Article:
email@example.com (Ronnie B. Kon) asks for hints for exchanging a pair
I tend to solve using commutators, but I don't see a way here....
The key is that commutators are always odd permutations. So do the
move that is an odd permutation of the edges, then use commutators.
Dik.Winter@cwi.nl (dik t. winter) shows a neat way of moving most of
the cubies affected by the odd permutation into the top slice, where
they can be cycled using Ronnie's commutator, which cycles the
TB(R), TR(F), and TF(L) cubies:
. . 0 . . . . . . . . 0 . 0 . .
(I'm naming them by their edge and their near side.) I suspect Ronnie
is using something like (F Ti F') T (F Ti' F) T (F Ti F') T^2 (F Ti' F).
(For this I'm using "i" to mark inside slabs).
But you can cycle the FL(T), FR(T), RB(T) cubies directly, using a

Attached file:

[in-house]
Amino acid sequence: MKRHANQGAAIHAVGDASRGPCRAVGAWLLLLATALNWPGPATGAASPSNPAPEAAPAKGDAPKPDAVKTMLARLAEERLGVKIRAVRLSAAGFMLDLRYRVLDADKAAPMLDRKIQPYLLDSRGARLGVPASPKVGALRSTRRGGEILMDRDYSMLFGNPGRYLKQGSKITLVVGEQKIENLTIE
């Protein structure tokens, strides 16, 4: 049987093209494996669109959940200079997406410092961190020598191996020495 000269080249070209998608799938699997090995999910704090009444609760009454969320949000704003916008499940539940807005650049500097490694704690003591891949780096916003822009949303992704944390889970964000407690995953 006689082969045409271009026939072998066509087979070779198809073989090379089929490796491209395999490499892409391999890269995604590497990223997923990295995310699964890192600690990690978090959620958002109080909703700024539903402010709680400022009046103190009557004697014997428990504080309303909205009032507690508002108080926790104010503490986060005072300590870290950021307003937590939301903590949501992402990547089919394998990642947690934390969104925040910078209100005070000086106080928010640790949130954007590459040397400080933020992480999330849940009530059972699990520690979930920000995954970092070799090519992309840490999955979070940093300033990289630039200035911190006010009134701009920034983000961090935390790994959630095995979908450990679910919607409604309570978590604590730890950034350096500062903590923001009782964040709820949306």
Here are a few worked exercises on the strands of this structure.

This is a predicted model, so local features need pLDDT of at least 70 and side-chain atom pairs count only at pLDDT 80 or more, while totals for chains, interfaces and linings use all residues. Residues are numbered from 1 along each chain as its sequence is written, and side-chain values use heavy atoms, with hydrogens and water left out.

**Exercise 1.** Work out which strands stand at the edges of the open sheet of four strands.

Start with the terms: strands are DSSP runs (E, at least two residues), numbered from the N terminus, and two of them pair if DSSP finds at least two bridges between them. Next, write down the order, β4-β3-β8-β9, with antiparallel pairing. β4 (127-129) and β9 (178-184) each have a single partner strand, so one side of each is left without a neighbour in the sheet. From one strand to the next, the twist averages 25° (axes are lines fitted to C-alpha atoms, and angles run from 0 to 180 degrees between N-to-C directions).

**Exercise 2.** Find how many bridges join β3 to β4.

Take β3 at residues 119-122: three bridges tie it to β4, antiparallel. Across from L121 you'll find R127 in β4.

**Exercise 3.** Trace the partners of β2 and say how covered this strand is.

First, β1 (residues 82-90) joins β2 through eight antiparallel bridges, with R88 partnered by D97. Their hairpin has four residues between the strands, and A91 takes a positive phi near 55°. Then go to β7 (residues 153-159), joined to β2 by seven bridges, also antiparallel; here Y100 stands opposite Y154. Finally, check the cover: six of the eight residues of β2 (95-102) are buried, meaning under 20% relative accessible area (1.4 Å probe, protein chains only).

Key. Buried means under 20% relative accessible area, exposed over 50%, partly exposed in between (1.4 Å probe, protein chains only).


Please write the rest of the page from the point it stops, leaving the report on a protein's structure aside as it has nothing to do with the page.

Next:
different commutator. With more effort, there is a commutator that
doesn't mess up face centers. We are getting to the part where it's
hard to distinguish between the hintable and the obvious, but if
people send me email about not being able to figure out what
commutators I'm talking about I'll answer, and post them if such
nobility is common.
My solution for the 4x4x4 always was: first corners, next edges and finally
centers. Because there are many identical pieces for the centers those are
reasonably simple. It would be much more difficult if each center had its
As I mentioned years ago, I've made places for mine by cutting corners
of to clusters of face centers and their neighboring edges on each
+----+----+----+----+ | | | | | | | | | | +----+---( )---+----+ | | | | | | | | | | +---( )---+----+----+ | | | | | | | | | | +----+----+----+----+ | | | | | | | | | | +----+----+----+----+
It's not that hard to fix the face centers, just time-consuming. It's
a good thing we do the edges first, though, or it would be hard to
figure where the cuts go.
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